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For Immediate Release

Local Study Shows Persistent Kindergarten Readiness Gap between Latinx and White Children

26% of Latinx Children Versus 51% of White Children Prepared for School

Santa Rosa, CA  –  December 16, 2020  –  Attendance at preschool, parental income and early learning opportunities affect Sonoma County children’s readiness for kindergarten, according to a four-year report by the Road to Early Achievement and Development for Youth (READY) program. Of the 5,457 children studied between 2016-2020, 51% of white children already had a level of social and learning skills that made them ready to start school compared with 26% of Latinx children.

READYfinal180This readiness gap is a concern, since research shows that successful entry into kindergarten lays the foundation for long-term school success. Positive factors that contribute to readiness include helping children heal from early trauma, quality early child care and education, and early literacy activities such as daily reading at home. Barriers to school readiness include poverty, lack of access to learning environments that reflect diverse students’ culture and language, the high cost of quality child care, and lack of internet access.

“The READY study found that white children had more of the resources and learning opportunities that build school readiness than Latinx children,” says Oscar Chavez, Assistant Director for the Sonoma County Human Services Department and Chair of the First 5 Sonoma County Commission. The Human Services Department implements the READY program countywide. “The research helps us understand the challenges to an equitable start so we can focus on how to help all school children succeed.”

“What may look like an achievement gap is actually often an opportunity gap,” says Executive Director of First 5 Sonoma County Angie Dillon-Shore, which funds the READY program. “Children who have more opportunities that support their optimal cognitive and social emotional development from birth are far more likely to be ready to succeed when starting kindergarten.”

To measure local children’s school readiness, READY uses the Kindergarten Student Entrance Profile, a universal screening instrument used nationally. Sonoma County outcomes and top-ranking factors in readiness are similar to those found in national school readiness research. The Sonoma County report echoed national research findings that enrollment in formal pre-kindergarten programs helps children perform well at school.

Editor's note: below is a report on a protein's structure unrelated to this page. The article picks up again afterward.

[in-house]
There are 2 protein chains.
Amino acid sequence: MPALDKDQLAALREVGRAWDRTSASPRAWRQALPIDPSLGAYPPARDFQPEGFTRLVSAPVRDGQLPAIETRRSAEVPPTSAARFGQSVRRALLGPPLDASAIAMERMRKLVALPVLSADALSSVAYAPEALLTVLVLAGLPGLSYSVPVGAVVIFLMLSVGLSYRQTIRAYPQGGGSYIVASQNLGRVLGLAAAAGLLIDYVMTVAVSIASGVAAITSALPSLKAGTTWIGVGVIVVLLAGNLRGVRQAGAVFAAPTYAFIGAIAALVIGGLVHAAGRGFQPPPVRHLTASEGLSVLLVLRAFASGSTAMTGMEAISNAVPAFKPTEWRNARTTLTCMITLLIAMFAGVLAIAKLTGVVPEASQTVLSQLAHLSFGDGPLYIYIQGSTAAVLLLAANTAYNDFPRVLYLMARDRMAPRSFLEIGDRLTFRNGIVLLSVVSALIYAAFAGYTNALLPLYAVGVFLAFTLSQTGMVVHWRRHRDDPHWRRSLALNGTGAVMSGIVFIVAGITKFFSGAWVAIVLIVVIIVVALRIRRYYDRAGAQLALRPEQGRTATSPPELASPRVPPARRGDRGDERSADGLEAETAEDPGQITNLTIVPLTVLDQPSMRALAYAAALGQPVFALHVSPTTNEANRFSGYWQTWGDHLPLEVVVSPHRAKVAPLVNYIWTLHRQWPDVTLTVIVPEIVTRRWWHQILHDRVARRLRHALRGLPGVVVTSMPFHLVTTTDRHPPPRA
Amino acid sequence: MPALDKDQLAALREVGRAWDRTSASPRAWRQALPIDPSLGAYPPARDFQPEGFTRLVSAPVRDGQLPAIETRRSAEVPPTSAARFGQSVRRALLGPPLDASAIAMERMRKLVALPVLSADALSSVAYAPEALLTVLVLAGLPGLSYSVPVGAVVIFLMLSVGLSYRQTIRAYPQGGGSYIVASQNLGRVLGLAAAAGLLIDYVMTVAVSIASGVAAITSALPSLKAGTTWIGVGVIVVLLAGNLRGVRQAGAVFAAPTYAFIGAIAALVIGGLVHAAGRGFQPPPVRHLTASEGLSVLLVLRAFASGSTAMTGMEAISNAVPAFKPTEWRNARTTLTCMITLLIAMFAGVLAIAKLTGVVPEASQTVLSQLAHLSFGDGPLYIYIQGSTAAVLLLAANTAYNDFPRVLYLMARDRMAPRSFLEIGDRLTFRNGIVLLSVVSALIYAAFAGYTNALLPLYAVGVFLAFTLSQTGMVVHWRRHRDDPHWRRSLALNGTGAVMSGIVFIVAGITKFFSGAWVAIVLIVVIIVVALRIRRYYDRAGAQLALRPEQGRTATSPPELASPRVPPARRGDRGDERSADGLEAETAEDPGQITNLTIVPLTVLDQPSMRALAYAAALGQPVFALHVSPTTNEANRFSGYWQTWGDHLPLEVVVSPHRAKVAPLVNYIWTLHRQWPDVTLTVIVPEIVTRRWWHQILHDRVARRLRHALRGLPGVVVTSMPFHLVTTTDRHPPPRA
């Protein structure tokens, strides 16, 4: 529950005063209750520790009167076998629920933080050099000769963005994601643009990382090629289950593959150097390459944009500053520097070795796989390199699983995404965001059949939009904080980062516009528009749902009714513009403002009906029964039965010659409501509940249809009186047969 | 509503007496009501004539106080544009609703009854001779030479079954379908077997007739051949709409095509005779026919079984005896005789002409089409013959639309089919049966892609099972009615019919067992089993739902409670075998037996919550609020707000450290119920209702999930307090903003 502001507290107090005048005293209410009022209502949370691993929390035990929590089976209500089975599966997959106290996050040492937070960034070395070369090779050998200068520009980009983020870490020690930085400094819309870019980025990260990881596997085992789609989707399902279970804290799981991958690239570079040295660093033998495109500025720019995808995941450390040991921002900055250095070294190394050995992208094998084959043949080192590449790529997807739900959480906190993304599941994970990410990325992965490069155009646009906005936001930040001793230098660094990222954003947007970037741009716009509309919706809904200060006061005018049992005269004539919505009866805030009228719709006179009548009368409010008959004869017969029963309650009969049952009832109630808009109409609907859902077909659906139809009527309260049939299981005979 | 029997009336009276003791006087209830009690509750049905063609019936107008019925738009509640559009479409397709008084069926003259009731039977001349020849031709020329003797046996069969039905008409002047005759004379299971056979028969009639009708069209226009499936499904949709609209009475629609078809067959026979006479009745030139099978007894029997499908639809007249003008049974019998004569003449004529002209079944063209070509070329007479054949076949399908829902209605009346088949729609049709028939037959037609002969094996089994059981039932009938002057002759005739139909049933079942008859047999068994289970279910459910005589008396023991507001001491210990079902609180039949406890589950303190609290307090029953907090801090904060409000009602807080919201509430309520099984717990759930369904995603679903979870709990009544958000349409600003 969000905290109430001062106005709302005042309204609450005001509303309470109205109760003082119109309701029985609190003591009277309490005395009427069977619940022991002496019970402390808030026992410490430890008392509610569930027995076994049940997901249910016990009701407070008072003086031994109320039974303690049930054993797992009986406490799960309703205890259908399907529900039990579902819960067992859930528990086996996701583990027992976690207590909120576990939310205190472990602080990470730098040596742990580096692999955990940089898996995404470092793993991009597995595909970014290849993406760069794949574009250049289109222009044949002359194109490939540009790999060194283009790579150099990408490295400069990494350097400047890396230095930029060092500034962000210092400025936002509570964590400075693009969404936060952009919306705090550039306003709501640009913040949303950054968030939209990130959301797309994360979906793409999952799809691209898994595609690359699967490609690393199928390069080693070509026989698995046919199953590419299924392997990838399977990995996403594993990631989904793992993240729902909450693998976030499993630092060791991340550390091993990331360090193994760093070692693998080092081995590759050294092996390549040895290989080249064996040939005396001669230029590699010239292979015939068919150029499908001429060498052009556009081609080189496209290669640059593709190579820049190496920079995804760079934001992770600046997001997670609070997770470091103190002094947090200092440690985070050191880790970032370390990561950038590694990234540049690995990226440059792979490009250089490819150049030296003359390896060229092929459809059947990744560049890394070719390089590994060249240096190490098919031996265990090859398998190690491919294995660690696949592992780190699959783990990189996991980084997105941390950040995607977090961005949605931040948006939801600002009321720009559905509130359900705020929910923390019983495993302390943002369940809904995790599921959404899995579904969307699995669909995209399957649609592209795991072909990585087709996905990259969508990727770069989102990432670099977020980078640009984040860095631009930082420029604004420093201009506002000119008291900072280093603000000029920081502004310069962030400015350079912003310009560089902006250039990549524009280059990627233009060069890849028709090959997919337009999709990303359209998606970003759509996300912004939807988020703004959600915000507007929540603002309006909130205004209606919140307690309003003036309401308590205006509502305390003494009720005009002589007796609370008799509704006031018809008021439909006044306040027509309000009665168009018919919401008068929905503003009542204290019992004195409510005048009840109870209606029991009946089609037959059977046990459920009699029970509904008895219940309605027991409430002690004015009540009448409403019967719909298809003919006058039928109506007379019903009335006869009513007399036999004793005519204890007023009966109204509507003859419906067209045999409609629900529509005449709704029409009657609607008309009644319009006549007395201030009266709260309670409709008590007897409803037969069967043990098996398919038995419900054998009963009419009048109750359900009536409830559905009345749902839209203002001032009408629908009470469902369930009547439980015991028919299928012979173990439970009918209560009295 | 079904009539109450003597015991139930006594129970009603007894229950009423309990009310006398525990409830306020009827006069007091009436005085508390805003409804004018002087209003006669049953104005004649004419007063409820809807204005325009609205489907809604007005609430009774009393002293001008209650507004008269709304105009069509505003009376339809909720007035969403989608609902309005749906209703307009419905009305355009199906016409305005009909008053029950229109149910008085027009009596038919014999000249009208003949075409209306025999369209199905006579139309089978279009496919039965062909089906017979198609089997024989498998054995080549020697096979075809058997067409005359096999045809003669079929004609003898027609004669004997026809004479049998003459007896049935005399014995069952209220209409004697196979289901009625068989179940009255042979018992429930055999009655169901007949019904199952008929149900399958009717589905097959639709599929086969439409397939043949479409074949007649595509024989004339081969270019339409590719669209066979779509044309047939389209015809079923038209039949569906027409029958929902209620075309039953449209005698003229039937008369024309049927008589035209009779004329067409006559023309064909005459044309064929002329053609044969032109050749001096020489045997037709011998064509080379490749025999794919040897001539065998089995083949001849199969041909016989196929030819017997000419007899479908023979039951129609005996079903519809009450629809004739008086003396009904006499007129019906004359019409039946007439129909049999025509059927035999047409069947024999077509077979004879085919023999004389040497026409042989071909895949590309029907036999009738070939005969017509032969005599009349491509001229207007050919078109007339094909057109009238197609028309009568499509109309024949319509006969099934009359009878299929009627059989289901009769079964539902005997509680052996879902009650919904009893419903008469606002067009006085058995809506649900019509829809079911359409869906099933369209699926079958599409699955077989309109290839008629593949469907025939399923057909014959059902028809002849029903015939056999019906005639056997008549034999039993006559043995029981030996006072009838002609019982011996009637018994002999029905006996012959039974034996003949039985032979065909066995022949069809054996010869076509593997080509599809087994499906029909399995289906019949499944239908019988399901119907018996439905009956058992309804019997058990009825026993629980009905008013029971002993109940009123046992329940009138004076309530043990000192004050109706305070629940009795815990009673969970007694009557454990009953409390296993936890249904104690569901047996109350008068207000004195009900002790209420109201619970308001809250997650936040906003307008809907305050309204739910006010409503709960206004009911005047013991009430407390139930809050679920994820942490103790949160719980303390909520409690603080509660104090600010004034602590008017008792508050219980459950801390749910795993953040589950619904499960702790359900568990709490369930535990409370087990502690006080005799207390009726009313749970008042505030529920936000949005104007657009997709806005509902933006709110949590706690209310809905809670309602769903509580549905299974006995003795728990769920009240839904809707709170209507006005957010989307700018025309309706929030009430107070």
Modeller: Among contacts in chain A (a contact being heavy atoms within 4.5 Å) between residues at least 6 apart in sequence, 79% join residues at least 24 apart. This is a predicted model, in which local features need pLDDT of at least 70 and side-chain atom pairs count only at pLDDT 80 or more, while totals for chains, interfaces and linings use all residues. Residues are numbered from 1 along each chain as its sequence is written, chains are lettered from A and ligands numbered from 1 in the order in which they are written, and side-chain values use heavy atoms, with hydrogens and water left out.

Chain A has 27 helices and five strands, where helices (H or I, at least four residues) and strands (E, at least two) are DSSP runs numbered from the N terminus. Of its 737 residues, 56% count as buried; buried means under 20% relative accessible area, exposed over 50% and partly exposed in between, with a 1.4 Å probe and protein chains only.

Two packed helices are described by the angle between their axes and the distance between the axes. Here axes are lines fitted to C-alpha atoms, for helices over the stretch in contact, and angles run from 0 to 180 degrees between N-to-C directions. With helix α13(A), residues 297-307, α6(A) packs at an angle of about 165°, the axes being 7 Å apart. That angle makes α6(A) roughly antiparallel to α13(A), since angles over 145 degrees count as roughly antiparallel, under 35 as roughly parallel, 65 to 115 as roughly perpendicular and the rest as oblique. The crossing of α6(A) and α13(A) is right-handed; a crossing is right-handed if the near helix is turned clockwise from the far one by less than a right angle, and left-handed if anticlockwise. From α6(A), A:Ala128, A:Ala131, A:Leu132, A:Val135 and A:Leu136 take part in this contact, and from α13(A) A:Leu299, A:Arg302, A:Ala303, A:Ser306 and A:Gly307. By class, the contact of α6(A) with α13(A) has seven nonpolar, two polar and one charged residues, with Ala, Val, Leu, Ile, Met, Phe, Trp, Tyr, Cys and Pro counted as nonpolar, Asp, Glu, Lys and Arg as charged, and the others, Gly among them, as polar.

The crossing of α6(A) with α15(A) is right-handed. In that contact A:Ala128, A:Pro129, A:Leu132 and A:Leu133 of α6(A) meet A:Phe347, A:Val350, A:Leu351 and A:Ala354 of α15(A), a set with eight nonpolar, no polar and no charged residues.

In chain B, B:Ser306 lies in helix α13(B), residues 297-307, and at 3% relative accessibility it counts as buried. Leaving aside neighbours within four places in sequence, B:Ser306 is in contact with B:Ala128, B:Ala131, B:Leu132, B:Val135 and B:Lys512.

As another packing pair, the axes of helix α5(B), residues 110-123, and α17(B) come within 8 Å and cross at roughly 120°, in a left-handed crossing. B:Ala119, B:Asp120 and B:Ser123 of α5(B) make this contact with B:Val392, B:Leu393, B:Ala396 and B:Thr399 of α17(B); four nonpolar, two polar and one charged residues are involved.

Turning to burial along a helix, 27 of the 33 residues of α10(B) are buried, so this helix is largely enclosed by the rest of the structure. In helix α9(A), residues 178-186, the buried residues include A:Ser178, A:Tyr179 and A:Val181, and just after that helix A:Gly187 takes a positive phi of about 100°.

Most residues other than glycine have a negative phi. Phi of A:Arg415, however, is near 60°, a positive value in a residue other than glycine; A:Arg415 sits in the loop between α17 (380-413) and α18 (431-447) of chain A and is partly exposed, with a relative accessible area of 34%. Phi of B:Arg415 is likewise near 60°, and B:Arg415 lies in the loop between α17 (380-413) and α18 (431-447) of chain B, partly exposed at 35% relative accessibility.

Of the children in the Sonoma County report, the 64% who attended pre-kindergarten learning and/or licensed home-based childcare for at least 12 months were twice as likely to meet readiness standards when starting kindergarten.

Since higher incomes allow more access to learning resources, family income was a predictive factor in school readiness. Children whose annual family income was $100,000 or above were two times more likely to enter kindergarten prepared to learn compared to children whose annual family income was $34,999 or below. Of the Sonoma County families studied, 48% of white families earn $100,000 or more versus 11% of Latinx families.

Reducing the disparity in school readiness requires a two-generation approach, says Dillon-Shore. “The READY study suggests that increasing access to language-rich programs for Spanish-speaking children, including daily reading, storytelling, music and parent-child interaction at home, would make a positive impact on kindergarten readiness,” she says. “Supporting financial mobility, asset-building and creating educational opportunities for Latinx parents would also help their children thrive.”

This year, Sonoma County faced new challenges that are impacting children’s school readiness, says Chavez. “Students already facing educational challenges before the pandemic have fallen further behind as schools were forced to close their campuses and quickly offer distance learning that did not work well for many disadvantaged students,” he says. “In addition, due to COVID-19 and recent wildfires, families faced both decreased child care options and severe impacts on household income as workers were laid off or hours reduced, both factors that affect school readiness.”

READY is on hiatus for the current school year due to the emergency changes in schooling structures and will resume data collection in fall 2021.

The data from the READY 2016-2020 study came from assessing kindergarten students in partnership with eight of the 40 Sonoma County school districts and more than 64 kindergarten teachers. An additional parent survey also gathered information on parental background and the early learning experiences of 3,447 of their children. The complete 2016-2020 report is available at: upstreaminvestments.org/Learn/Publications/2016_19_READY_Report/.

The READY program is funded by First 5 Sonoma County and managed by the Sonoma County Human Services Department Upstream Investments Initiative. Since 2013, the READY project has conducted research to support the pilot and adoption of a common kindergarten readiness assessment throughout Sonoma County school districts. READY is also an active participant in the Equity in Education Initiative ( www.sonomaequity.org).

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